Wednesday, April 24, 2013
For the last couple of years, the Bôłt label, under the curation of Michael Libera, has released a number of very interesting, occasionally exceptional recordings which were essentially cover projects, albeit with highly unusual ideas of the kind of pieces to cover, often from the contemporary repertoire (notably, Ashley's "Purposeful Lady Slow Afternoon"). As enticing as this idea has been, Libera has pushed things a step further with this set, three discs issued under the title, "United States of America Triptych I-III", examining three unique aspects of Americana. One of them uses a specifically musical source, and an inspired ones but the others travel a bit further, um, afield. The total time of all three is less than 75 minutes, leading one to wonder why they weren't simply released as a single disc, but so it goes. Well, you do get three fine cover illustrations by Aleksandra Waliszewska, so I can't complain.
Volume I uses as its text, a selection of John and Ruby Lomax recordings from 1939, not "music" as such, but sounds and talk about the music being documented, presented in fragments and integrated into sounds provided by Pete Simonelli (voice), Miron Grzegorkiewicz (guitar), Michel Biela (bass guitar) and DJ Lenar (turntables). Simonelli, a poet and member of the band, The Enablers is the one constant presence throughout the triptych, possesses a healthy baritone capable of raging in a way that recalls, among others, Robert Kidney (very much so at times). The five tracks are presented without pause, the music having a vaguely blues orientation, most prominently displayed on "Parchman Prison, Mississippi", a low throb laying a good, grimy bed for Simonelli's rants against "red liquor". I'm guessing the sung texts are restatements of the original songs registered by Lomax though, not knowing the originals, I'm not sure. "Silver is silver and gold is gold/You don't mind if you lose your soul". A brief snippet of Mexican song, straight from the original recordings, is appended at the disc's conclusion. I'm hard pressed to say how much I enjoyed this realization; I did in parts, though I'm not sure of its lasting effect. The analogy to Kidney's work rang true through much of it and, to that extent, I think the music works--Simonelli's vocals may be an acquired taste for many but if you surrender to it, things more or less gel. It's a bumpy conglomeration, hitting its stride here, stumbling there. Worth a listen.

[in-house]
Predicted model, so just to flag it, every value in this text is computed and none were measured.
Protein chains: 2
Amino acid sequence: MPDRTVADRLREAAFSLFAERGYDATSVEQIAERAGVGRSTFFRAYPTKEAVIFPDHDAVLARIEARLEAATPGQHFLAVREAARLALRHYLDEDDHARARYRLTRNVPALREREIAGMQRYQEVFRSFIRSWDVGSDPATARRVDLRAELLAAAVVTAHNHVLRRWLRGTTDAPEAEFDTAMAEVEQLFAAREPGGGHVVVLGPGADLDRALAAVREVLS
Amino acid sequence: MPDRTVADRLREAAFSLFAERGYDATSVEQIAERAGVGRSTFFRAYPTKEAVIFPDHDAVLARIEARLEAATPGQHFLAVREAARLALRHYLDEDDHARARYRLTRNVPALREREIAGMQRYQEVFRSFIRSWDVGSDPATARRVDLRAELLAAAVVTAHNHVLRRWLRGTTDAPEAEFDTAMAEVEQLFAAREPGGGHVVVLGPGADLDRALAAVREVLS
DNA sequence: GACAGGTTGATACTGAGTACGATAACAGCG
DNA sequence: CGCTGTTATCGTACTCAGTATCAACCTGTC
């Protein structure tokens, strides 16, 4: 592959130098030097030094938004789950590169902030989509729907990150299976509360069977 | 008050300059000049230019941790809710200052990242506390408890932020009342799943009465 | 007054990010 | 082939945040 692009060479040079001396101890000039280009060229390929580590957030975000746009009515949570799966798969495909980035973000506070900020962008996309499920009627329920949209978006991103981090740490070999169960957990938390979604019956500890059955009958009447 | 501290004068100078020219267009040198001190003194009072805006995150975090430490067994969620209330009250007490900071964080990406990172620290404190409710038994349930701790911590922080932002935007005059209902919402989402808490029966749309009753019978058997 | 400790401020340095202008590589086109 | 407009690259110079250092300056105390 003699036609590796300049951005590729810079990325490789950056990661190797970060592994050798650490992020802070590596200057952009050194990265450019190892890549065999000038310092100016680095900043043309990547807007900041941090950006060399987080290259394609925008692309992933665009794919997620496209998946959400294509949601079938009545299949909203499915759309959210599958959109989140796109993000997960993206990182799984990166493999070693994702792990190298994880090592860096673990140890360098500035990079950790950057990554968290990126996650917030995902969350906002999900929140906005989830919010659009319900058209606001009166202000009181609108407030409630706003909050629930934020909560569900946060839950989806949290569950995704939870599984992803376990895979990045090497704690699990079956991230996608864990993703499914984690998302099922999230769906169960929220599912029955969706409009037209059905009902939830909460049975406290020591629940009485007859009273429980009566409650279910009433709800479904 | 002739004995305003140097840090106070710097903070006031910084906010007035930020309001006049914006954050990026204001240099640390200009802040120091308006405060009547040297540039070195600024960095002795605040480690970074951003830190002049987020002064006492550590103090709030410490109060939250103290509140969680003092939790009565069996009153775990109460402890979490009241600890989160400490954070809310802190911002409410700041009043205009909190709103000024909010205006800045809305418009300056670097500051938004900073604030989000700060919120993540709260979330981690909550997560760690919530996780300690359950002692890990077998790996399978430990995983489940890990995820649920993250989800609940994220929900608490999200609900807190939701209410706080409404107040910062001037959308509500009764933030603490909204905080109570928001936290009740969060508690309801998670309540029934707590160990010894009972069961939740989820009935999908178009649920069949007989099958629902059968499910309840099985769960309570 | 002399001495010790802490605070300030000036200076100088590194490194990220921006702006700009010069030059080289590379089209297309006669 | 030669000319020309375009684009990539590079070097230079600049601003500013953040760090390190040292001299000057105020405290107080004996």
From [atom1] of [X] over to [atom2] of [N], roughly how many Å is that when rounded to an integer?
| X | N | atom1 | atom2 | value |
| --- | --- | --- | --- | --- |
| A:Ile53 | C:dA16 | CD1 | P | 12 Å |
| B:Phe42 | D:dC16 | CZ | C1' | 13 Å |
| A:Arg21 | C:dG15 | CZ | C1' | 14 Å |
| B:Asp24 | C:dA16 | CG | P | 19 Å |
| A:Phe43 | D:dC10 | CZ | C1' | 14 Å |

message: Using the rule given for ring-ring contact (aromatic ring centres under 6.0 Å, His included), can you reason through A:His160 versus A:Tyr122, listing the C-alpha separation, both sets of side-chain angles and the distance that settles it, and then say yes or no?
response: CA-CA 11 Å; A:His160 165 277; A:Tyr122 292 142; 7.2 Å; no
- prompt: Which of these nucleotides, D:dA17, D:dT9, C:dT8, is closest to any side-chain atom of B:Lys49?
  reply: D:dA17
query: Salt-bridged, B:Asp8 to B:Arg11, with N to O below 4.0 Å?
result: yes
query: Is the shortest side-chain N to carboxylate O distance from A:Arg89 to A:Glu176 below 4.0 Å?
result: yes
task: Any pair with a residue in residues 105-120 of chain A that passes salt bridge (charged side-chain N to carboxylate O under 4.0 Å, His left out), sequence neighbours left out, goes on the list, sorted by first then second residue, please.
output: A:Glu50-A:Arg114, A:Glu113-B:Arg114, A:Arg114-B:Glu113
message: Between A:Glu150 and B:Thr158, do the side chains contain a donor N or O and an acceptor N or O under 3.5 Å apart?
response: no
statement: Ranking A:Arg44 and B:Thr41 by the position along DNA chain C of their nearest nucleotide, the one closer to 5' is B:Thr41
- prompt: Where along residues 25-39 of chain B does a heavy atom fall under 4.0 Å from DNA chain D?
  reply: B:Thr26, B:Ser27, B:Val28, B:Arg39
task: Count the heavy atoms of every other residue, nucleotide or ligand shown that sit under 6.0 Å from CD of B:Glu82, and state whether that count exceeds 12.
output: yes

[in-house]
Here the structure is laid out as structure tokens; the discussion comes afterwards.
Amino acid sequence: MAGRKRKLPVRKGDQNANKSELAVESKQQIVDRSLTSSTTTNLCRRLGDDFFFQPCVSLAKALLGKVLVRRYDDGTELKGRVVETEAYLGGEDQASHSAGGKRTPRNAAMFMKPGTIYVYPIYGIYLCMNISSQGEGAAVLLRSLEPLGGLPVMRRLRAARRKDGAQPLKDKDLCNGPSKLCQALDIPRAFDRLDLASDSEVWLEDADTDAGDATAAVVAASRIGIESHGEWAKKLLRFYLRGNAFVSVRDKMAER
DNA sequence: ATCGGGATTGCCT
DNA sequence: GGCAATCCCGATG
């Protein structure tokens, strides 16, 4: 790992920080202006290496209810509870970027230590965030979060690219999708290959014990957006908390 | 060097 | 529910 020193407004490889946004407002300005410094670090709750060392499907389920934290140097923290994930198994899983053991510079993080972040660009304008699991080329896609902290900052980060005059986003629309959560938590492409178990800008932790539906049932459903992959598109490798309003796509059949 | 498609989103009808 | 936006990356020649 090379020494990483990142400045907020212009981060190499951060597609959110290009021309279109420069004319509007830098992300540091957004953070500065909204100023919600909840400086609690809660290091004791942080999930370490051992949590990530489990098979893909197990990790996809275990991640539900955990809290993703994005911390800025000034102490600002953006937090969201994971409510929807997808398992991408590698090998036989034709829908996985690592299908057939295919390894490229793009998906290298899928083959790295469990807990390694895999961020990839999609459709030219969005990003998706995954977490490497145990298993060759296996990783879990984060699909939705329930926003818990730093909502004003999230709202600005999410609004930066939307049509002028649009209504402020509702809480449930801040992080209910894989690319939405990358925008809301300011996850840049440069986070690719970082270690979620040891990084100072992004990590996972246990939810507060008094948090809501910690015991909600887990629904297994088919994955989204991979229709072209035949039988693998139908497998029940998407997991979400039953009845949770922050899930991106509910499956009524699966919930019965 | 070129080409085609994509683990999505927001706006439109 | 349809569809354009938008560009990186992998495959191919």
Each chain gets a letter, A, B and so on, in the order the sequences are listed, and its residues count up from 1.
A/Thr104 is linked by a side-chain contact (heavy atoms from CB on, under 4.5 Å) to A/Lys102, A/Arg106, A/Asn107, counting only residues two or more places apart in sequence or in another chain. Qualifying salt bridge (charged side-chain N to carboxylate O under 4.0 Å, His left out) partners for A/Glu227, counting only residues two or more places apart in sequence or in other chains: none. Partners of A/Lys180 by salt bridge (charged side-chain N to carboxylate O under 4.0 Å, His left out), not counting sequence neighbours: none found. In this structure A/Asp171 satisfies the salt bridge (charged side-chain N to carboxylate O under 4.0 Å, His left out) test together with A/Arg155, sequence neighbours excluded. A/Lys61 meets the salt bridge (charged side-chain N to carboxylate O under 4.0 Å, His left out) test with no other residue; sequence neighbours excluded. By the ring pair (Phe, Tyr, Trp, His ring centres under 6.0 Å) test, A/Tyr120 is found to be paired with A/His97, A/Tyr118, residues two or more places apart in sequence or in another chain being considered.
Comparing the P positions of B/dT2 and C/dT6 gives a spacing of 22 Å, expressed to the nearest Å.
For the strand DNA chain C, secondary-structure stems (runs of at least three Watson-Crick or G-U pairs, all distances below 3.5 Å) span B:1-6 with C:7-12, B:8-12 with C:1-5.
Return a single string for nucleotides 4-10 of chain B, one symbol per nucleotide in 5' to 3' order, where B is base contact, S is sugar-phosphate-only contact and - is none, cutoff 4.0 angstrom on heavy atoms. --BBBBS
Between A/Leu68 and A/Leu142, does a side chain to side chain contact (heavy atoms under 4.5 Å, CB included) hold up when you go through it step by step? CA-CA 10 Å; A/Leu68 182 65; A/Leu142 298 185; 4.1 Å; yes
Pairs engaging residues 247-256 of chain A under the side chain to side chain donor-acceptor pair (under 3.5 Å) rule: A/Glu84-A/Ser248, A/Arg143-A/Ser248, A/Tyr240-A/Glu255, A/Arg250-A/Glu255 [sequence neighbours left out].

The second portion is titled "Ten Intrusions" and utilizes eight pieces from Harry Partch's "Eleven Intrusions", leaving aside the two studies and "Cloud Chamber Music" while adding two instrumental variations. The ensemble is Simonelli (sounding, it must be said, more than a little like the master, echoing his dark, sepulchral voice), David Grubbs (guitar), David Maranha (organ) and Andrea Belfi (percussion). It's pretty fantastic. While the group nods toward Partch and his justly intoned music, particularly in some of the guitar passages, it's by no means a slavish imitation, importing some bluesy elements (referencing the prior entry in the series) and discreet rhythmic modules. Simonelli is restrained, less so than Partch even, maintaining a cool, distanced outlook. On pieces like "Lover", he iterates lines, brooding on them like a barely contained John Giorno, Maranha's organ is marvelously subtle, atmospheric here, bubbling and gently propulsive there. Great source material, imaginatively, sensitively and, perhaps most important, gutsily handled. By all means, check this out.
As near as I can determine, Susanne Bürner's "Vanishing Point: How to Disappear in America without a Trace" is a compilation of anonymous, shall we say paranoid writings on the subject collected into a single volume, kind of a series of found documents elaborating on the thoughts of those whose skies are filled with black helicopters. Simonelli, Grubbs and Małgorzata Penkalla supply the vocals with Grubbs and Grzegorkiewicz returning on guitars and Maranha adding violin to his organ duties. The titles of the three tracks give you some idea of the nature of the text: "Destroy All Photographs", "Kill the Dog" and "Die with Dignity". The instructions bearing on these bits of advice are intense, shrill and maniacal and are delivered as such, especially by Simonelli who is again in something of Giorno mode, repeating lines with insane determination and vigor, singsonging lines like "kill the dog" and spit-snarling out others like "Criminals don't read, they're stupid! They're stupid!!". His subsidence into quasi-calm between explosions is as disquieting as the yells that inevitably follow. On the first two cuts, the accompanying music is almost subsidiary, just color. With "Die with Dignity", a shuddering figure underlies the words, like hesitant but determined steps toward self-annhilation, becoming fuzz-drenced as the piece bores on ahead. One could almost imagine Godspeed You! Black Emperor having done something like this, but this is better, stripped of any moody grandiosity. The paranoia becomes appropriately claustrophobic before the radio waves penetrating your fillings explode, ending your worries.
A finely realized set or works; can't wait to hear what Libera dreams up next.
Distributed by Monotype